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nina ottosson dog puzzles 728x5241
Dara Katz

Value: 18/20
Functionality: 20/20
Ease of Use: 20/20
Aesthetics: 15/20
Dog Approval: 20/20
Total: 93/100

When our company instituted a work from home order, I was thrilled that I got to spend more time with my favorite person in the world: My dog Oakley. A 13-pound Pekinese-dachshund mix (plus a lot of other stuff), Oakley is independent, intelligent, food-driven and sometimes, a little snobby. But after weeks upon weeks of 24/7 time together in a small apartment, I began to notice some behavioral changes—she would bark at my husband and I at 6:59 p.m. on the dot if we weren’t sitting on the couch watching TV. She would howl at the moon if we left to get the mail downstairs. She would even stop dead in her tracks at the beginning of a walk and hustle me all the way home, just to make sure the three of us were all together.

It was cute and endearing, at first. But as I’ve learned through writing about dogs in quarantine, our pets are highly sensitive to changes in routines, and spending all this time together can actually lead to increased separation anxiety. I knew I had to change things up, while encouraging Oakley to get more physical and mental exercise. Unfortunately, quality outside time wasn’t exactly a choice in Brooklyn, New York. Puzzles, on the other hand, were definitely something we could do inside.

After a little research online, I kept coming back to one dog puzzle maker: Nina Ottosson by Outward Hound. Ottosson, the Swedish founder of the brand, has been committed to physically and mentally stimulating dogs with interactive toys since 1990. She’s literally the dog puzzle wiz. So, I ordered three of her games at different levels—1 being the easiest; 3 being the hardest—and Oakley went to town testing them.

Now, the puzzles aren’t dogsitters. These aren’t something you toss at your dog and forget about. If you want the most out of these challenges, the folks at Nina Ottosson say to always supervise and teach your dog the rules—like no chewing allowed. You should plan to play for short periods of time and stop if your dog gets frustrated. You can also help out a little, until your pup understands what to do.

I’ll break down the individual puzzles I tested below, but overall, I absolutely love these toys. The brand promises that they can help prevent and reduce behavior, boredom and weight problems and strengthen your bond with your dog. And the toys live up to that promise. The gist of almost all the puzzles is simple: Find the hidden treats—whether that means sliding, pivoting or lifting pieces. It is so fun to watch my dog snap into detective mode to get her hands (er, paws) on some treats. You can actually see her brain light up as her eyes focus in and her snout twitches during her investigations. On the days when I do a Nina Ottosson puzzle with Oakley, she is noticeably less needy and more of her pre-quarantine self.

There are extremely smart things about Nina Ottosson toys as well. Like, how the plastic ones (as opposed to wooden) are dishwasher-safe. And, if your dog eats too fast, you can swap your usual bowl for a puzzle. (Genius). On hot summer days, you can fill the hollows with a mixture of water and treats, freeze them, and serve it up like doggie ice cream in a puzzle cone. There are other tips and tricks on Ottoson’s website too, which I really appreciate. If you’re dedicated, the toys aren’t a one-time thing (like human puzzles tend to be). There are several ways to re-invent them as your dog gets wise to the puzzles.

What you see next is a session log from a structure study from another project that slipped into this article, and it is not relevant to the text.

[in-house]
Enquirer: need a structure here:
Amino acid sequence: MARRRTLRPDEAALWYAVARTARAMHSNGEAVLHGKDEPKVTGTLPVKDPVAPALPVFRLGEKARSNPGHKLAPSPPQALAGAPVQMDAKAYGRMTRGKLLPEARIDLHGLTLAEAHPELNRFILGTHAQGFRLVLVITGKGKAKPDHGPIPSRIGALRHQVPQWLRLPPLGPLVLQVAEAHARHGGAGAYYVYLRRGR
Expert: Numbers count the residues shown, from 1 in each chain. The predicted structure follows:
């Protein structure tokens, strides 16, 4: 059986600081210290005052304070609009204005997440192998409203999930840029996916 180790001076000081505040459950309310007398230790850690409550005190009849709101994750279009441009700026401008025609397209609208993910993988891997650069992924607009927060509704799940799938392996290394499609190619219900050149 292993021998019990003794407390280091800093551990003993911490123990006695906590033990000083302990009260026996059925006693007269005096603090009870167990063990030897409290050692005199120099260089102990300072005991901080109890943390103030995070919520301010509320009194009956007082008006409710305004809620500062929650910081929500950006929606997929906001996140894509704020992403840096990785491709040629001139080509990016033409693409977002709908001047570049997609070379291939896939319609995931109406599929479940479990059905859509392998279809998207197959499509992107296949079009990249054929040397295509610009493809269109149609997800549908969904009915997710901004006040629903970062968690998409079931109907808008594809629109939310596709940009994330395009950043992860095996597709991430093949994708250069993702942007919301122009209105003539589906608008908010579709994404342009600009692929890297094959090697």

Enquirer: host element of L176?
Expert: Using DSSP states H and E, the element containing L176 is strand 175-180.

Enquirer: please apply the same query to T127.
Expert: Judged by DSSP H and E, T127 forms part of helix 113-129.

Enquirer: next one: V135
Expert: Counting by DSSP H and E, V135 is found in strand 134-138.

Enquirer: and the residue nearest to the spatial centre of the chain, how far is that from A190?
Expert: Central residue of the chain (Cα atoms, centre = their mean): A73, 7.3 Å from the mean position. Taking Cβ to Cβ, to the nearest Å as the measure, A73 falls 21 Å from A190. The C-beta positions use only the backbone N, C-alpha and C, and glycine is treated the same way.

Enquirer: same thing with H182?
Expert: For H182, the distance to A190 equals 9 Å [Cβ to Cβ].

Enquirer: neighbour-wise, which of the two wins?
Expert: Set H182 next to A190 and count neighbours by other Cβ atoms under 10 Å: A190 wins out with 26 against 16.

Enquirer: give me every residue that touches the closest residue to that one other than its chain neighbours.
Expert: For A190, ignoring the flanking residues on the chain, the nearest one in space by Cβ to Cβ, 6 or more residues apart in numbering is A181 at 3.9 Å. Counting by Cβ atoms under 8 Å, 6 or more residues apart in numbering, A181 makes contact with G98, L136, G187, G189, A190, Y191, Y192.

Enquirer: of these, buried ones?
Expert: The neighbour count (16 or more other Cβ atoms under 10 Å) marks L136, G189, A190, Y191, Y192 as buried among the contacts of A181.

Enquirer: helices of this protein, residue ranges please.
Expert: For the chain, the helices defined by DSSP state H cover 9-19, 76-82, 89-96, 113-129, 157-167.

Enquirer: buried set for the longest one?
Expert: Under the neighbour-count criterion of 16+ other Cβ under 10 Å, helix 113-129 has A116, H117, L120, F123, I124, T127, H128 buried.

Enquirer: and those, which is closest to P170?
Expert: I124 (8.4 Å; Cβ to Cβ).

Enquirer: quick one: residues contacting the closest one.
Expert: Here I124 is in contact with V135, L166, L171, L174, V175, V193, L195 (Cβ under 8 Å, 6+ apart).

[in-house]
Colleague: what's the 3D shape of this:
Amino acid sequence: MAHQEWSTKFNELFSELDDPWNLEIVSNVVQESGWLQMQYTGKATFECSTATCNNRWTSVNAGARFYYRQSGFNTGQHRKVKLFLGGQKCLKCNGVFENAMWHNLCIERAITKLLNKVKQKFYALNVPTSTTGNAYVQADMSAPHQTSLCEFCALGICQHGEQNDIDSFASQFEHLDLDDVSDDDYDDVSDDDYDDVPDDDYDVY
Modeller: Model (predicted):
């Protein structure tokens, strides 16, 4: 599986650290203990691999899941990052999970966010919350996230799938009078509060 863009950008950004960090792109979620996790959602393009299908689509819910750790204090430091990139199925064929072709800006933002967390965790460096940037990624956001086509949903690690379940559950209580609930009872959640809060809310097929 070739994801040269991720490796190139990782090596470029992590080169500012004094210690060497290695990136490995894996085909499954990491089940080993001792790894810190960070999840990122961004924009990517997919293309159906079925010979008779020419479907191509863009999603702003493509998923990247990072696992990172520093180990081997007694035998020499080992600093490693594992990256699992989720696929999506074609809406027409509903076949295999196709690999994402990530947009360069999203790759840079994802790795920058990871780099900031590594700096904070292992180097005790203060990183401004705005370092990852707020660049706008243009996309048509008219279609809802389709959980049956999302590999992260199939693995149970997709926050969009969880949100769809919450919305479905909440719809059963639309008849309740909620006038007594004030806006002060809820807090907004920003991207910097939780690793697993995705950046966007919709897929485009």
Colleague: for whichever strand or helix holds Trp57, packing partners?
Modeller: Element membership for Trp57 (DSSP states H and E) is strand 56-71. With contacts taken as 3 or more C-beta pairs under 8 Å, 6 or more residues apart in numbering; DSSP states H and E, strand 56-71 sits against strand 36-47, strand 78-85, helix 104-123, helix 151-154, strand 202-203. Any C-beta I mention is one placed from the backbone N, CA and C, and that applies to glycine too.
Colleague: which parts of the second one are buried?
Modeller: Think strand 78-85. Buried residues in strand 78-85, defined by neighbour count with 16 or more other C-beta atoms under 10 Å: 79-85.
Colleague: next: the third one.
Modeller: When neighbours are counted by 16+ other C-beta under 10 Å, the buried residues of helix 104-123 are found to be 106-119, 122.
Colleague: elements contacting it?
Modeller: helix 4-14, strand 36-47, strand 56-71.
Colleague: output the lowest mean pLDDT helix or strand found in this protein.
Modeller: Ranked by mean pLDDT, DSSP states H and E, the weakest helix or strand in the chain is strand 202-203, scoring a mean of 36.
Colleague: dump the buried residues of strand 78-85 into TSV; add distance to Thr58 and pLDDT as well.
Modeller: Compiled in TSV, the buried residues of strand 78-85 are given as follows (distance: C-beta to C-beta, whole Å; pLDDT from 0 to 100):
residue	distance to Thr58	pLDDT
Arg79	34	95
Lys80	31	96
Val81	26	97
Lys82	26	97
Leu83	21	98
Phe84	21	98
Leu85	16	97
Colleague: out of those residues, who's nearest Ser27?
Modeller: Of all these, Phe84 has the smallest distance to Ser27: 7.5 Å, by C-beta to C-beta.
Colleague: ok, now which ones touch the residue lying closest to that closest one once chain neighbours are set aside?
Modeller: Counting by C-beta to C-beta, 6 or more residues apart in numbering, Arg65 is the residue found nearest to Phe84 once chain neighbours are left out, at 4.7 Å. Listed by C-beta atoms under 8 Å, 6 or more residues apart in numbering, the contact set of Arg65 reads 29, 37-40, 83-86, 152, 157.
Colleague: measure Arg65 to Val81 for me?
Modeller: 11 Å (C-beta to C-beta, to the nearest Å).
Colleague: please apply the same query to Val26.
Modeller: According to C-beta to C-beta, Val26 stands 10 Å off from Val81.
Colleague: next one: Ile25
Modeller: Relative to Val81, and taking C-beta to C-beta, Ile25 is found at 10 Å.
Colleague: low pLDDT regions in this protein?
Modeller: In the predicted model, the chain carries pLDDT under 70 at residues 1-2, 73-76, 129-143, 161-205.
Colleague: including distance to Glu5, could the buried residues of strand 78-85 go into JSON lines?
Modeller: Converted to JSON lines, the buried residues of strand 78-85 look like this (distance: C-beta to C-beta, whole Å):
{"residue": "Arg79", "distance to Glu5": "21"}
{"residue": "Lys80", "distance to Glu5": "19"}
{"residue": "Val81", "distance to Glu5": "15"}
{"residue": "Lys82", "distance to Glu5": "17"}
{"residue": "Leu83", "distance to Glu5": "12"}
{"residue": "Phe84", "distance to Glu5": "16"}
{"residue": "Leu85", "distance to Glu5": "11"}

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Dara Katz

Dog Brick (Level 2)

We started Oakley with this puzzle—first without the white bone-shaped blocks, and with some of the treats showing. Since Oakley is super motivated by food, she got the hang of this one fast and we moved on to the next level.

$20 at Amazon

Hide N Slide (Level 2)

This puzzle is a level 2 as well, but with a few options to make it even more challenging— you can hide the treats in both the hollow compartments of the base and inside the sliding blocks. In order to get the ones inside the blocks, your dog has to scoot them over the hollow compartments, drop the treats and scoot them back. I also really like there that there are no loose pieces here—which means you’re not going to step on a missing component in the middle of the night. Made with a sturdy composite material of plastic and wood, this one is easy to clean with soap and water, but can't be put it in the dishwasher.

$20 at Amazon

Dara Katz

Challenge Slider (Level 3) 

The 24-treat compartment game has become our go-to. While the level 2 games were fun at first, Oakley “tested out” of them pretty quickly. But she still has yet to completely understand the Challenge Slider—which is good. It means she still has to put in the mental work to find her treats. It’s also a lot bigger than her, another good thing, since it means she has to move around the puzzle to solve it. When/if Oakley does eventually master this puzzle? We can up the game by freezing treats inside or even hiding the puzzle for her to find. As for cleaning it, I like how you can just remove the tray and clean it in one piece.

$27 at Amazon

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